- Avoid THC use during pregnancy, as it may harm fetal development.
- Impairment of motor skills and cognition can pose risks, especially while driving.
Addiction and Dependence
- Some users may develop a psychological dependence on THC.
- Regular and heavy use may lead to withdrawal symptoms upon cessation.
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THC Withdrawal Statistics
Withdrawal symptoms can affect 9-25% of people who use THC regularly, typically within 72 hours of quitting. These symptoms can last up to two weeks and may include irritability, anxiety, insomnia, mood swings, and loss of appetite. The severity of symptoms varies among individuals, which may make it challenging to remain abstinent. Seeking professional help and counseling is essential to manage withdrawal symptoms and increase the chances of successfully quitting.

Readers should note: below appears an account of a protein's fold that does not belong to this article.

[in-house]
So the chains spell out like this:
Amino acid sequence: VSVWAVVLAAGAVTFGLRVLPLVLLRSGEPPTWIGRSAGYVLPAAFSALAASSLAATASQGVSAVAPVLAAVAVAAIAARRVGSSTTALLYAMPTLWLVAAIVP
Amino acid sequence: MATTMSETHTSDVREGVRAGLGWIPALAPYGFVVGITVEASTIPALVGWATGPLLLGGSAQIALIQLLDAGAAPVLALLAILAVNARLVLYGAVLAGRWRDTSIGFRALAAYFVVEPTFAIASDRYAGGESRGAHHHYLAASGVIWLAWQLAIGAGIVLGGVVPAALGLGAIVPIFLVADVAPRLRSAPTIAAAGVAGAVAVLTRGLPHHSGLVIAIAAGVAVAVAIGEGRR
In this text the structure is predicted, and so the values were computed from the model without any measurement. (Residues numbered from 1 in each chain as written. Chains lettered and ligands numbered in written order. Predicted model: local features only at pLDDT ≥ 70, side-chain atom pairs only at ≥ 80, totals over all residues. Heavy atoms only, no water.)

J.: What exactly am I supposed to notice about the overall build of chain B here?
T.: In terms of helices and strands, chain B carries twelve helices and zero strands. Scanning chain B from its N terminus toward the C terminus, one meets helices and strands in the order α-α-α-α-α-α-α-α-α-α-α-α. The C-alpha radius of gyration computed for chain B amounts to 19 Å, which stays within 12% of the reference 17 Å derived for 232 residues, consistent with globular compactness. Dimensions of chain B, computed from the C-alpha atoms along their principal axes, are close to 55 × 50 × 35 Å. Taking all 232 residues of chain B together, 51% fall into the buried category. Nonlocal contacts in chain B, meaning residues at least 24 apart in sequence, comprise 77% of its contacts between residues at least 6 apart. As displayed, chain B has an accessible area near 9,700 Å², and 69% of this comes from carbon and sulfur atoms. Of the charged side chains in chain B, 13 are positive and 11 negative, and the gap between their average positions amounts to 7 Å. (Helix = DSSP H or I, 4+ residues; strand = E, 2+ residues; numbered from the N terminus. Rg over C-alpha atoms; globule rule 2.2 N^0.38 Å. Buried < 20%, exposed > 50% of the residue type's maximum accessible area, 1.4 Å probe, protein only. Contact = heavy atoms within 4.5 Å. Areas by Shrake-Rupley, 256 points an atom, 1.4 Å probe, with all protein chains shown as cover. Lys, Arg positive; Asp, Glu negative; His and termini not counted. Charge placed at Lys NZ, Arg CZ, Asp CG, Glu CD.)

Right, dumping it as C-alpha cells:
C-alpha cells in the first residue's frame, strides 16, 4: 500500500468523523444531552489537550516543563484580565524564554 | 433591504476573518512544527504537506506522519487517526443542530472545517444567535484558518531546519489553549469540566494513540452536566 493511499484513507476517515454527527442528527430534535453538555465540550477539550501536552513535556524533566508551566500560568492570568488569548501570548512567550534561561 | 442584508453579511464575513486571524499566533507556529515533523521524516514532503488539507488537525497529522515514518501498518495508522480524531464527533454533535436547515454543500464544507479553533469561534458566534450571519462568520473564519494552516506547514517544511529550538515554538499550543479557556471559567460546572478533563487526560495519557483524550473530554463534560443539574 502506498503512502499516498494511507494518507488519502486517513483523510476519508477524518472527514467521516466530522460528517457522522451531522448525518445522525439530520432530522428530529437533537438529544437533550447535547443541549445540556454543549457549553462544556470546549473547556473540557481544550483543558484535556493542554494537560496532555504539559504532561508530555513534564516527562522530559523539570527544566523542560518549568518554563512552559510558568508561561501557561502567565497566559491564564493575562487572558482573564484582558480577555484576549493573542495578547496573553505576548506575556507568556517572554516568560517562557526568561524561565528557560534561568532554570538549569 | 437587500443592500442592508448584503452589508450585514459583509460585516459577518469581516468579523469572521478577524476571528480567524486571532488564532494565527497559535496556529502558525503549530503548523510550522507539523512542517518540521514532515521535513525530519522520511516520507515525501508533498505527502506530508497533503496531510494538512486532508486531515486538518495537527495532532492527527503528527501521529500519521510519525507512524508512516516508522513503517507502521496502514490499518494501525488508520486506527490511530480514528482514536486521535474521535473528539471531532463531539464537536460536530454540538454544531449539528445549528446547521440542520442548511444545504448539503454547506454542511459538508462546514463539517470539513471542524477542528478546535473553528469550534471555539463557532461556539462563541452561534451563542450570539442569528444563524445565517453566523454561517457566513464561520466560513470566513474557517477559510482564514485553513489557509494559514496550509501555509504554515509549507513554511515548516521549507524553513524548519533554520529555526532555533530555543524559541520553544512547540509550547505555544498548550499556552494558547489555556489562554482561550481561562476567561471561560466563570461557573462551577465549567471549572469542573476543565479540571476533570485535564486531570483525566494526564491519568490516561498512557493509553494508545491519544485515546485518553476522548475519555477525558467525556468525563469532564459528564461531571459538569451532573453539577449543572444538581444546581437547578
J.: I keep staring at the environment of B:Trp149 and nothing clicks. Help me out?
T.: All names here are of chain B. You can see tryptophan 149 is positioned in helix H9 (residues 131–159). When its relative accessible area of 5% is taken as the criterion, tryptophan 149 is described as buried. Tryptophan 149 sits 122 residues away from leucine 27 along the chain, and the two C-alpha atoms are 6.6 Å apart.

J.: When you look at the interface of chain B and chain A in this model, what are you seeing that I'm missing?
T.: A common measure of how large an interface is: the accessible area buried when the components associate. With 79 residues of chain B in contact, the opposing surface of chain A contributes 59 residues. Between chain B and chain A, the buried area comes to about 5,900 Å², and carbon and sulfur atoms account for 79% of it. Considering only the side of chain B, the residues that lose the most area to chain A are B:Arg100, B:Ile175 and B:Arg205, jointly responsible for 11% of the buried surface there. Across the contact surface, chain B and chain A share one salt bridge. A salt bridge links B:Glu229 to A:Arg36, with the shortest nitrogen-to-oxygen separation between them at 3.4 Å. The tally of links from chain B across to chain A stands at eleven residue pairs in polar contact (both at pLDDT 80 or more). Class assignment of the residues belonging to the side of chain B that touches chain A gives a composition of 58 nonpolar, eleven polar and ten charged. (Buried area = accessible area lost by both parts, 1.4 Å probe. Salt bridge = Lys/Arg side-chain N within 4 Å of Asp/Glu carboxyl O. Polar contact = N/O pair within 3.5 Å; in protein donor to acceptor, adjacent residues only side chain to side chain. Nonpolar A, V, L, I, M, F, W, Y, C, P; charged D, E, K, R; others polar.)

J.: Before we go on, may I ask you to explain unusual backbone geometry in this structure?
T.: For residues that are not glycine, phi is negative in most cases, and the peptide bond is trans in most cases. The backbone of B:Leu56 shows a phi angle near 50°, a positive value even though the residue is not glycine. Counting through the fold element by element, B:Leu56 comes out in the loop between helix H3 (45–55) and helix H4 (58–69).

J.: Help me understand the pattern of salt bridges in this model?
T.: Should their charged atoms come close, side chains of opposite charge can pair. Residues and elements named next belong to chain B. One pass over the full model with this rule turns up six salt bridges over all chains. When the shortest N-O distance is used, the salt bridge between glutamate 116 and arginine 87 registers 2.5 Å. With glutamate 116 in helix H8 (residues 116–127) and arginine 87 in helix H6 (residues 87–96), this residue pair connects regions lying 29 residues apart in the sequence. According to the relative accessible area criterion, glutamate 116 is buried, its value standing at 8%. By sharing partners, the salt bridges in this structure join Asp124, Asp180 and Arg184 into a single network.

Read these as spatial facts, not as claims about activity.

9% to 25%
About 9–25% of people who use THC regularly have withdrawal symptoms when they stop.
The number of American adults who currently use marijuana.
The percentage of 12th-graders who have used marijuana in the past year.
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How to Relieve THC Withdrawal
It can be hard to get rid of THC withdrawal symptoms, but there are a few things that can help:
- Gradual tapering: Cutting off THC slowly can make withdrawal symptoms less severe.
- Hydration: Keeping yourself hydrated can help with withdrawal headaches and dry mouth.